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Chicago Cubs: One Sleeper Prospect at Each Level

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While the Chicago Cubs may not have the type of farm system that they used to, there are still some serious sleepers within the organization

MLB: Spring Training-Chicago Cubs at Los Angeles Dodgers
Jacob Hannemann
Joe Camporeale-USA TODAY Sports

Four years ago, the Chicago Cubs had the top farm system in baseball. Premier prospects such as Javier Baez, Kris Bryant and Addison Russell had all the makings of future key producers at the major league level.

Four years, three NLCS appearances, and one World Series Championship later, the Chicago Cubs farm system is a much different story.

The current Cubs farm system consists of zero top-100 prospects, while the 2014 system had six top-100 prospects. Times have changed on the North Side however, as the team is in win-now mode, and has sacrificed several top prospects in order to improve the major league team.

To sum it all up, the Chicago Cubs do not exactly have a great farm system. However, that certainly doesn't mean that there can't be sleepers within the farm system, even past the top-30 prospects.

The only qualification to be included on this list is the prospect cannot currently be on the Cubs top-30 prospects list. This is cause for some deep digging, but there is serious talent deep in the Cubs system nonetheless.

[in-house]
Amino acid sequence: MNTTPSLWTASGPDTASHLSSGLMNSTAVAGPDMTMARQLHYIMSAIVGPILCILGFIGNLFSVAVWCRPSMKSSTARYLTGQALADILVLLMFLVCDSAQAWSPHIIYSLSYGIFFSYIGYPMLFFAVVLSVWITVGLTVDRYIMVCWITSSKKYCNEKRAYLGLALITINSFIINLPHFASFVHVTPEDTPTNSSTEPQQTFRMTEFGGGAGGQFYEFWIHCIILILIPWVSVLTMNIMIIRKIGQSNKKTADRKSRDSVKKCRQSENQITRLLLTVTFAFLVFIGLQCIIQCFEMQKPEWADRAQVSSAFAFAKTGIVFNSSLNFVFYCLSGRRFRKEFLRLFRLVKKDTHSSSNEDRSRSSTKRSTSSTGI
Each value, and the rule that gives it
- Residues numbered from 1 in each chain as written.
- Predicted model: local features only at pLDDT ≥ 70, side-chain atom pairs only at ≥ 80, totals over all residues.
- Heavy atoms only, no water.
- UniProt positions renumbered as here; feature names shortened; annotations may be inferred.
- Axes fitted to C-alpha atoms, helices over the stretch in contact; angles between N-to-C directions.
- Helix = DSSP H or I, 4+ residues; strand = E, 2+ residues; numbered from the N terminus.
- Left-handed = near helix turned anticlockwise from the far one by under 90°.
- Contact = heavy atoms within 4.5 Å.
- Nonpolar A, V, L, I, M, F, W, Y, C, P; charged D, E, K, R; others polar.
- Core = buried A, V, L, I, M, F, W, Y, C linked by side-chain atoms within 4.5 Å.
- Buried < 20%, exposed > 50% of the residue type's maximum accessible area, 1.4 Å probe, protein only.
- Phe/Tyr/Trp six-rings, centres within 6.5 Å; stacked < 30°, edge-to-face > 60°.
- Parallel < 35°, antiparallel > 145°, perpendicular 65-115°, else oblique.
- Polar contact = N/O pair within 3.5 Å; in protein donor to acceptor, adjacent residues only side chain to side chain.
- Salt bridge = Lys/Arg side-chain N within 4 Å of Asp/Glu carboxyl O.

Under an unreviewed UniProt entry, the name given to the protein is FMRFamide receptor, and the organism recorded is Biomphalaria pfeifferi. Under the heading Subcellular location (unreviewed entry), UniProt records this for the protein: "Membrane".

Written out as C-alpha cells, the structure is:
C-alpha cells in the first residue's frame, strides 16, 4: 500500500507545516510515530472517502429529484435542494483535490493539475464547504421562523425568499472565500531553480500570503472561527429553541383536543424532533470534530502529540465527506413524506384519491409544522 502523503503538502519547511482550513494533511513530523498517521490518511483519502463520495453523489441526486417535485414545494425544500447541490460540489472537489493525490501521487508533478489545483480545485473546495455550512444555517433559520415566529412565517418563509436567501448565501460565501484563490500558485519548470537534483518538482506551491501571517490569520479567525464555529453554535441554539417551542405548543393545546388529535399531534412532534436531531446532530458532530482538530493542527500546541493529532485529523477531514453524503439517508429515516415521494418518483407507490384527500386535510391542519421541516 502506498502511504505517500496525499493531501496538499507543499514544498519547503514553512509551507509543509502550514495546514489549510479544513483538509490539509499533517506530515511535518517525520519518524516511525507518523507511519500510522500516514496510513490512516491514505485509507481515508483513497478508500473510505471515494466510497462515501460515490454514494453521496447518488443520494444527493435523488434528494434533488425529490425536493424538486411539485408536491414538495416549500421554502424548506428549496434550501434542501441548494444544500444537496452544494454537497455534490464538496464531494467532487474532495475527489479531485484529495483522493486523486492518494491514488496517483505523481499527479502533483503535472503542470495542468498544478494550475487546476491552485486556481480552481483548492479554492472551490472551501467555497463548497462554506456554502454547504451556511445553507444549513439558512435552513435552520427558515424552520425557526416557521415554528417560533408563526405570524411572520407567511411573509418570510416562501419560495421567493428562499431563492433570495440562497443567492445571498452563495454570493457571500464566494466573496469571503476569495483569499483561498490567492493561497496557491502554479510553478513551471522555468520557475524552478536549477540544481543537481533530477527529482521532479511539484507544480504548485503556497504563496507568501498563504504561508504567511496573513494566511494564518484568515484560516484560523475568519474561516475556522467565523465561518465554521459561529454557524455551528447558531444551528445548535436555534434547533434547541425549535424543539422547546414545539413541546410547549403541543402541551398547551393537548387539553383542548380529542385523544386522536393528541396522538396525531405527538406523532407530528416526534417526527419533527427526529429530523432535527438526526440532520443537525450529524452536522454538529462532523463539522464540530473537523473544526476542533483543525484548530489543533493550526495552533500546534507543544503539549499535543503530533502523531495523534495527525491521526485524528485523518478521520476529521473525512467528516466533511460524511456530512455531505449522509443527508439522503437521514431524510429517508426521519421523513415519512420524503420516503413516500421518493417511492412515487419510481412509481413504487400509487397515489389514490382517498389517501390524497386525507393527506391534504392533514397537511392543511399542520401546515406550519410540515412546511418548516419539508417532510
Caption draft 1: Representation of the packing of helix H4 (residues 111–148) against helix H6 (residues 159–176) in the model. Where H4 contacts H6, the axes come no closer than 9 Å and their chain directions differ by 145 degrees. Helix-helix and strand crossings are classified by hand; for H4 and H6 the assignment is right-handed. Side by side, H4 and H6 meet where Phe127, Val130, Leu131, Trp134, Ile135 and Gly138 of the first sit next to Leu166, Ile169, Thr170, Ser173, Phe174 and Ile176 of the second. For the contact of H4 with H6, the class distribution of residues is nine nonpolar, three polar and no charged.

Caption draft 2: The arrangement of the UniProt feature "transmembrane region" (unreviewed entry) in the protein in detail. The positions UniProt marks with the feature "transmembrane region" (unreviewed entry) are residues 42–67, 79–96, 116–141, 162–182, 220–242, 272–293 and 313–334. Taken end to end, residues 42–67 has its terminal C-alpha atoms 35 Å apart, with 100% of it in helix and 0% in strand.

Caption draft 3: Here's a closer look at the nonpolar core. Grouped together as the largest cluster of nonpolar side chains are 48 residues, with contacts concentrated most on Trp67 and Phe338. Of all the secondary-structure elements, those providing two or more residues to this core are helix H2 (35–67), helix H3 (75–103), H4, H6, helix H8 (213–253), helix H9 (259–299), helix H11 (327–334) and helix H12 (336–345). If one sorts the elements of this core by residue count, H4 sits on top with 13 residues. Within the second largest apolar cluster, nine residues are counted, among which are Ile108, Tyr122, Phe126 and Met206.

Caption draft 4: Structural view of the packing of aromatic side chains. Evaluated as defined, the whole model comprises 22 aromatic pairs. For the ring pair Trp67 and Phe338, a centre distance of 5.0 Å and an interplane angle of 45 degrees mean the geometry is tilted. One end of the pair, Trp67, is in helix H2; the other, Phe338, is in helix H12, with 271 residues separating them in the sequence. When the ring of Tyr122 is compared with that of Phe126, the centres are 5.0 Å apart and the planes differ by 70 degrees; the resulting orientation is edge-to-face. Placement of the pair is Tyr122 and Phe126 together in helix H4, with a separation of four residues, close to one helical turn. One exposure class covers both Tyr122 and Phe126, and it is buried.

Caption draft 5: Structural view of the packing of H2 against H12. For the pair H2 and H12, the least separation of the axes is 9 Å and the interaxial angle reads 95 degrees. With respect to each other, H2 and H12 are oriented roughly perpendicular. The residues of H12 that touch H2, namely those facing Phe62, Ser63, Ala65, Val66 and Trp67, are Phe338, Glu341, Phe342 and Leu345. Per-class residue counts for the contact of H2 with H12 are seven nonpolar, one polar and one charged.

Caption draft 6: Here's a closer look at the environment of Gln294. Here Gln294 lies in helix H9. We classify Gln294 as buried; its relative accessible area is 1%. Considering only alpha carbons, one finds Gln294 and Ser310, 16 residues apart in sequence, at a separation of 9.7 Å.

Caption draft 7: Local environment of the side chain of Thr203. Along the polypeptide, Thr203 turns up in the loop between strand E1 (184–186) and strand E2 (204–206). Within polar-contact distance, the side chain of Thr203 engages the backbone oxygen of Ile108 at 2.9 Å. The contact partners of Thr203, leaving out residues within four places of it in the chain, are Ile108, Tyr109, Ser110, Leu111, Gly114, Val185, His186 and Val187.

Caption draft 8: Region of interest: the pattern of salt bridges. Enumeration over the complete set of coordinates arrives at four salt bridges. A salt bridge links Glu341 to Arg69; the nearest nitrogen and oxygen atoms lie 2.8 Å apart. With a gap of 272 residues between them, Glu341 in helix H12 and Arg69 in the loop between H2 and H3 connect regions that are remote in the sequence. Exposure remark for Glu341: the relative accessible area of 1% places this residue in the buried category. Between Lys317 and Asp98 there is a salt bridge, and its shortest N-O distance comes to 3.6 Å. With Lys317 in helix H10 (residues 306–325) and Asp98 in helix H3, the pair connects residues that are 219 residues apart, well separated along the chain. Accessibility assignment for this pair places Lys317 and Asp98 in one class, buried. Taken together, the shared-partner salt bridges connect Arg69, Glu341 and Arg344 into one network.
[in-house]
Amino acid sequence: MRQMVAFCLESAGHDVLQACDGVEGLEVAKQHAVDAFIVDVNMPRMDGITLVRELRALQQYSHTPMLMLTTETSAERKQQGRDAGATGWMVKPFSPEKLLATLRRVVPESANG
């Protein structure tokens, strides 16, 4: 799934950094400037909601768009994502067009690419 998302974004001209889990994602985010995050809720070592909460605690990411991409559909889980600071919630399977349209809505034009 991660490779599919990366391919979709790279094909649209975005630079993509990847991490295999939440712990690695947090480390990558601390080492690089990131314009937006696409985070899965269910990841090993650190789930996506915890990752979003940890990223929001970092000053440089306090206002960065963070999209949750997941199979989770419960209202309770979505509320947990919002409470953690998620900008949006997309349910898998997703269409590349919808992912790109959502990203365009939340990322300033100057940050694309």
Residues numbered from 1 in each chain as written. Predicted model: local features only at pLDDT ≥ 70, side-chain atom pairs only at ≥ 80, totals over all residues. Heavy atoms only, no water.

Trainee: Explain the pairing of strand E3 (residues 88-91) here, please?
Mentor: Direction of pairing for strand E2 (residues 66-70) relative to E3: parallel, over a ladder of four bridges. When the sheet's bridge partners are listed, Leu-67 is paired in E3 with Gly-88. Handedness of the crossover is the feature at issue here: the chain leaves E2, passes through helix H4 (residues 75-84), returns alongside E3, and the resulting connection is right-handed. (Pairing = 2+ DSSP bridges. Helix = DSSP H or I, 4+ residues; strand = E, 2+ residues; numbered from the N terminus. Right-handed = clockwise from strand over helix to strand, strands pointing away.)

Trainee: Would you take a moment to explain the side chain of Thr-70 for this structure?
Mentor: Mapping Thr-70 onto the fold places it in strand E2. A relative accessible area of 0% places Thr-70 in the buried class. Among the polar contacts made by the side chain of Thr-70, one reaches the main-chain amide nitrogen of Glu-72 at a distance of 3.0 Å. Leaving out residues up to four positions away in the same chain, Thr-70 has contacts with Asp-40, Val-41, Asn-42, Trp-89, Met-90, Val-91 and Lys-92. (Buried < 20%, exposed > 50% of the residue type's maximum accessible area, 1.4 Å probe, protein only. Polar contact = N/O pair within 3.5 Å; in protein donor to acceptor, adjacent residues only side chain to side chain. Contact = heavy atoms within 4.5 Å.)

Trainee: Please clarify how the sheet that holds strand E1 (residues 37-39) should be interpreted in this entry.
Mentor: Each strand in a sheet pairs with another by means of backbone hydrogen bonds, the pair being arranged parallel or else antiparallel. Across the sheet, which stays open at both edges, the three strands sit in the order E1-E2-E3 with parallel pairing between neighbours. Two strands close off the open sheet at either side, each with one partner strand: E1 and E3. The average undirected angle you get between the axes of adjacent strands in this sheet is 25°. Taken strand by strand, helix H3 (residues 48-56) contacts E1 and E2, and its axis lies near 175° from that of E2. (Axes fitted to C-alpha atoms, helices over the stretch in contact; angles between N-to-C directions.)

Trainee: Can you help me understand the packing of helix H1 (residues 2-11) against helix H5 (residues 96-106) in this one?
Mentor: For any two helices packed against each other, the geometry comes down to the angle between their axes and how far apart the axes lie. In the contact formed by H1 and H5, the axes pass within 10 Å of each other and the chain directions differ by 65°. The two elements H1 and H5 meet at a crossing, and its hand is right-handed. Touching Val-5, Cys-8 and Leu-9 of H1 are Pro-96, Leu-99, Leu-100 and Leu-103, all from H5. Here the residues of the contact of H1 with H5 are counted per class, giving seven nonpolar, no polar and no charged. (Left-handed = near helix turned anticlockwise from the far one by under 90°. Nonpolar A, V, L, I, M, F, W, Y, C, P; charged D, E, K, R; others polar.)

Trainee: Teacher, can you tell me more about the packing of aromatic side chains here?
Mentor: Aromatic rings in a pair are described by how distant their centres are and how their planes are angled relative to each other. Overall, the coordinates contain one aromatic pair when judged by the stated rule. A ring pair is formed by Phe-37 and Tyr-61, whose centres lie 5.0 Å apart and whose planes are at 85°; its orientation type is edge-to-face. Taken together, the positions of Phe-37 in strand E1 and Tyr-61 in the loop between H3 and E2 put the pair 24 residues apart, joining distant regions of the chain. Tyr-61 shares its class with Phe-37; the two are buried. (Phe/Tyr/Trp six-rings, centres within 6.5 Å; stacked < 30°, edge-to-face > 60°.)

Single-A Sleeper Prospect: Brendan King

The Single-A South Bend Cubs finished the first-half of the 2018 season at just 34-35, but had five players selected the the Midwest League All-Star game from their roster.

Of the five All-Stars, just two are top-30 prospects in the Cubs farm system. Pretty impressive for a system with a glaring lack of depth.

The most productive of these All-Stars is Brendan King. The 23 year-old reliever has a 4.36 ERA in 33 innings for South Bend in the first-half. Drafted in the 20th round out of Holy Cross in 2017, King made the jump to South Bend after starting 2018 with extended spring training.

King has shown potential to handle high-leverage situations, striking out 34 batters in 33 innings. King started the season as a starter but has since shifted to the bullpen, making 14 relief appearances after making just five all of last season.

As for his future outlook, King can expect a promotion to High-A in the coming weeks. Minor league relievers don't need too much development, and especially given King’s age, it wouldn't be totally out of the question to see him in Wrigley as soon as early 2020 if all goes well on the mound.

Honorable Mentions:

Jared Young: